DAVY - D-A-A-A-VY CROCKETT - KING OF THE WILD FRONTIER
February 7, 2003
Colonel David Crockett was a member of Congress when the Georgetown fire, which could be seen from the nation's capital, consumed many homes and left women and children suffering in the streets. Crockett, along with other congressmen, appropriated $20,000 for their relief. Later that year, while campaigning in his district, he met a farmer named Horatio Bunce who said he voted for him once but couldn't do it a second time because he either did not have the capacity to understand the Constitution, or that he was wanting in the honesty and fairness to be guided by it. Horatio told him the Constitution must be sacred and rigidly observed in all its provision. He told Crockett that he read in the papers last winter where he voted for the bill to appropriate $20,000 to some sufferers of the Georgetown fires. David Crockett replied "certainly nobody will complain that a great and rich country like ours should give the insignificant sum of $20,000 to relieve suffering, particularly with a full overflowing treasury, and I am sure if you had been there you would have done just as I did."
"It is not the amount Colonel Crockett, that I complain of; it is the principle. In the first place, the government ought to have in the treasury no more than enough for its legitimate purposes. The power of collecting and disbursing money at pleasure is the most dangerous power that can be entrusted to man. If you had the right to give anything the amount was simply a matter of discretion. You could have given twenty million as easily as the twenty thousand. If you have the right to give to one, you have the right to give to all. The Constitution neither defends charity nor stipulates the amount. You will vary easily perceive what a wide door this would open for fraud and corruption and favoritism. No, Colonel, Congress has no right to give charity. Individuals members may give as much of their own money as they please, but they have no right to touch a dollar of the public money for that purpose."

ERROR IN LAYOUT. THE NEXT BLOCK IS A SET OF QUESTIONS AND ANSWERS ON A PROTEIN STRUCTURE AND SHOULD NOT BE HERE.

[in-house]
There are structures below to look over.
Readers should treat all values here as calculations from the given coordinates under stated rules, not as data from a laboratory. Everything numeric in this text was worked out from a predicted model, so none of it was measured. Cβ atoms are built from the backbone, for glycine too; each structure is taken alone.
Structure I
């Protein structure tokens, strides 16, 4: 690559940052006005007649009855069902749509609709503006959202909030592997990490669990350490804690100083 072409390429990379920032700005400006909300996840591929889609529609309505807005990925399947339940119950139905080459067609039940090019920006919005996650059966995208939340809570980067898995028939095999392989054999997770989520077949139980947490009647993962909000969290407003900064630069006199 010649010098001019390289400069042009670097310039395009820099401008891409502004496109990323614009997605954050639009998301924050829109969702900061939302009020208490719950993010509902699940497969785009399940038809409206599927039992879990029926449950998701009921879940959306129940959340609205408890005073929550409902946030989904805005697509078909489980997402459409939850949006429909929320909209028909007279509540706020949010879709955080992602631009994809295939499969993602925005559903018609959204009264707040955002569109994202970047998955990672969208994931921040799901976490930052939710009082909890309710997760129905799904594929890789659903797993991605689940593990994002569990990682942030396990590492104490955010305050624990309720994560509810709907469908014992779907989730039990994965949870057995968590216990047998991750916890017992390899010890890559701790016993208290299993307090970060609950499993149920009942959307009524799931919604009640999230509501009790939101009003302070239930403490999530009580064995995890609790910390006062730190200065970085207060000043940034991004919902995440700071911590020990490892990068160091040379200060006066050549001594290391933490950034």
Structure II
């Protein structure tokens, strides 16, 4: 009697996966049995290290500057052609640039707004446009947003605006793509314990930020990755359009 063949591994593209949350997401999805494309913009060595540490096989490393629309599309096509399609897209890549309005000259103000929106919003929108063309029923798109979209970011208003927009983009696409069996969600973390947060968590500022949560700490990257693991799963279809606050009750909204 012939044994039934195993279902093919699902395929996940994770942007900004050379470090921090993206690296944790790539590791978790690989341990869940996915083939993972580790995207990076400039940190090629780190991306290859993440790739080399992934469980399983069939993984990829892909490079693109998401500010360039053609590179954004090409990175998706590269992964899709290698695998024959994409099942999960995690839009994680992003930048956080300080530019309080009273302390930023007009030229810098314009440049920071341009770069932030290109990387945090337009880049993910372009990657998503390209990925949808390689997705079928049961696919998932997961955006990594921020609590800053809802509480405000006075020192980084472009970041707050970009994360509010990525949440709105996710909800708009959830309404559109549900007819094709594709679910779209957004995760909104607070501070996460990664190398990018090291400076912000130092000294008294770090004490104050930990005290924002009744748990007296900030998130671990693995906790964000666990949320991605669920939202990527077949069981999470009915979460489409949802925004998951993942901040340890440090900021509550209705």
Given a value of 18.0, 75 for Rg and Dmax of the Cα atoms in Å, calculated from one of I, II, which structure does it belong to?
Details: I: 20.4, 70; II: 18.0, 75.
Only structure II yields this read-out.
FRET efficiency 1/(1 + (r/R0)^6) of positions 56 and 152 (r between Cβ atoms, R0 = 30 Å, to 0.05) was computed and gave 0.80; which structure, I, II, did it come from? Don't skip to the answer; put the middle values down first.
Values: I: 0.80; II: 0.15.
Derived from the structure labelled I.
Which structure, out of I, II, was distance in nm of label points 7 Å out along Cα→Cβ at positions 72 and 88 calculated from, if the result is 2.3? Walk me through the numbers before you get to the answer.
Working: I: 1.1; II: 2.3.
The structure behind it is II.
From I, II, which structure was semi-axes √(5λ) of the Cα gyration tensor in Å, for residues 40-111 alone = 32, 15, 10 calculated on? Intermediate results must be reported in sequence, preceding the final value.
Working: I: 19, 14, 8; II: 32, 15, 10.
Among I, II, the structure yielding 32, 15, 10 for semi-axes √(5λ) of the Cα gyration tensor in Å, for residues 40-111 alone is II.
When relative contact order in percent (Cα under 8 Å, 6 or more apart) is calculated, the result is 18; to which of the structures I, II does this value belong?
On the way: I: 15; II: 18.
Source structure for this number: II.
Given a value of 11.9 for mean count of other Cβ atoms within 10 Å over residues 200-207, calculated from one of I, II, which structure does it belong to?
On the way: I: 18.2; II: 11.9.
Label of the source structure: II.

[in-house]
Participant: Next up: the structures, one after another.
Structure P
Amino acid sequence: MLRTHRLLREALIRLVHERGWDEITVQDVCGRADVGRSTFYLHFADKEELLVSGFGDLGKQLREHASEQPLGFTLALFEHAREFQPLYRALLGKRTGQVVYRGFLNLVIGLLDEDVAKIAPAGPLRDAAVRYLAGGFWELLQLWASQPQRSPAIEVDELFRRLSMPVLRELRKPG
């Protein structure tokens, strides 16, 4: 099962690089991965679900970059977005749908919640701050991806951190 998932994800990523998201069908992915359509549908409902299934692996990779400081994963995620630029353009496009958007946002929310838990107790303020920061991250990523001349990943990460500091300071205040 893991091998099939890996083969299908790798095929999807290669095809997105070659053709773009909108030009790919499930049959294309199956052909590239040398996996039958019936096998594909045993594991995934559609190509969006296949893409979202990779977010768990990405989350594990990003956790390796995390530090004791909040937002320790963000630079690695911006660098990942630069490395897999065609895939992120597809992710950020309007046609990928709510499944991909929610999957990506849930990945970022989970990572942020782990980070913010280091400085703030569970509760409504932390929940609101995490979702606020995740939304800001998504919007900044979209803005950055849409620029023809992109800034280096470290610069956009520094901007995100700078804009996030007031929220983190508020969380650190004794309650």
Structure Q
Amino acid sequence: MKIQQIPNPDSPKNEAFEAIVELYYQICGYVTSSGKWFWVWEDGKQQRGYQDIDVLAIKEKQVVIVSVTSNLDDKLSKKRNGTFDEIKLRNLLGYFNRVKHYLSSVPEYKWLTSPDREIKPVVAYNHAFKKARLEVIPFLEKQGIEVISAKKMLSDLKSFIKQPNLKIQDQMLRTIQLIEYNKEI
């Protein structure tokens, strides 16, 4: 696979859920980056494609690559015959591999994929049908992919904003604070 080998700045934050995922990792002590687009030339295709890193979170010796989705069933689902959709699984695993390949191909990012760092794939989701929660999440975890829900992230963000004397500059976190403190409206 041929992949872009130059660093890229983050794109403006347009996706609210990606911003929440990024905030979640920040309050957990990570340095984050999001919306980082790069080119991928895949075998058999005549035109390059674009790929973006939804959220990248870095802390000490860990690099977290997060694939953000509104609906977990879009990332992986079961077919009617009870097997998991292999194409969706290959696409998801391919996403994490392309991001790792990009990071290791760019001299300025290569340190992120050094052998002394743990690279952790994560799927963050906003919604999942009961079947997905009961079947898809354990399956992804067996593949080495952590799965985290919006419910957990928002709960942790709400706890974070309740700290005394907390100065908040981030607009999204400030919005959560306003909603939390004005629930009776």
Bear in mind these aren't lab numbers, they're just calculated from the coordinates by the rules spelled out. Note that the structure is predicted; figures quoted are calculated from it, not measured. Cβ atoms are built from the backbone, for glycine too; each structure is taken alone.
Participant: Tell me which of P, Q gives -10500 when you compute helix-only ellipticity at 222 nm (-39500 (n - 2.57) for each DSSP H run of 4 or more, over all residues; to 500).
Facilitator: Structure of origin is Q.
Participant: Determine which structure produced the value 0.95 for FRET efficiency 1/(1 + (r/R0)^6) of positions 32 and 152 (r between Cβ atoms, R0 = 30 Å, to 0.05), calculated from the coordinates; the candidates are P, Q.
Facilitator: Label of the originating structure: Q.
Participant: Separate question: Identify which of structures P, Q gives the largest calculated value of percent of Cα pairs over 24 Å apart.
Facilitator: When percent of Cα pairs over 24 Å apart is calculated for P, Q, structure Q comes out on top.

At a later time in the House of Representatives, a bill was taken up to appropriate money for the benefit of a widow of a distinguished naval officer. The speaker was about to put the question to a vote when Crockett arose: "Mr. Speaker: I have as much respect for the money of the deceased and as much sympathy for the sufferings of the living, as any man in this House, but we must not permit our respect for the dead or our sympathy for a part of the living to lead us into an act of injustice.
We have the right, as individuals, to give away as much of our own money as we please but as members of Congress we have no right to appropriate a dollar of public money. Mr. Speaker, I have said we have the right to give as much money of our own as we please. I am the poorest man on this floor. I cannot vote for this bill, but I will give one week's pay to the object. If every member of Congress will do the same it will amount to more than the bill asks. The bill failed to pass.
Later Colonel Crockett spoke, "You remember that I proposed to give a weeks' pay? There are in that House many very wealthy men who think nothing of spending a week's pay for a dinner or a wine party when they have something to accomplish by it. Yet not one of them responded to my proposition. Money with them is nothing but trash when it is to come out of the people. But it is the one great thing for which most of them are striving and many of them sacrifice honor, integrity and justice to obtain it."
Colonel David Crockett was elected to Congress in 1827 and served until 1835. In one hundred and seventy five years congress has changed very little. The only real change we see is that there isn't a Davy Crockett there to control them.
© 2003 Derry Brownfield, All Rights Reserved
Derry Brownfield was born in 1932 and grew up during the depression. He is a farmer and a broadcaster. Derry attended the College of Agriculture at the University of Missouri where he received his B.S. and M.S. degrees. He taught Vocational Agriculture several years before going to work as a Marketing Specialist with the Missouri Department of Agriculture. Derry served as Director of the Kansas City Livestock Market Foundation at the Kansas City Stockyard prior to establishing himself in farm broadcasting.
Derry started farming when he was 16 years old and received the Future Farmers of America State Farmer degree in 1949. Since that time the Brownfield Farm has grown to over 1000 acres maintaining a herd of 200 registered Charolias cows.
In 1972, Derry and his partner established the Brownfield Network which now serves 250 radio stations throughout the Midwest with news and market information.In 1994, Derry started his own syndicated radio talk show and he is one of the most popular radio talk show hosts in America. The Derry Brownfield Show can be heard on approximately 80 radio stations in 23 states. With his entertaining sense of humor and witty commentary he has captured audiences for over 30 years. His ability to present an informative talk show while being light and colorful is why he has a large loyal listening audience.
Derry Brownfield is a practical farmer, a practical business man and a very entertaining speaker. He travels extensively throughout the country speaking about his common-sense point of view. Web Site: www.derrybrownfield.com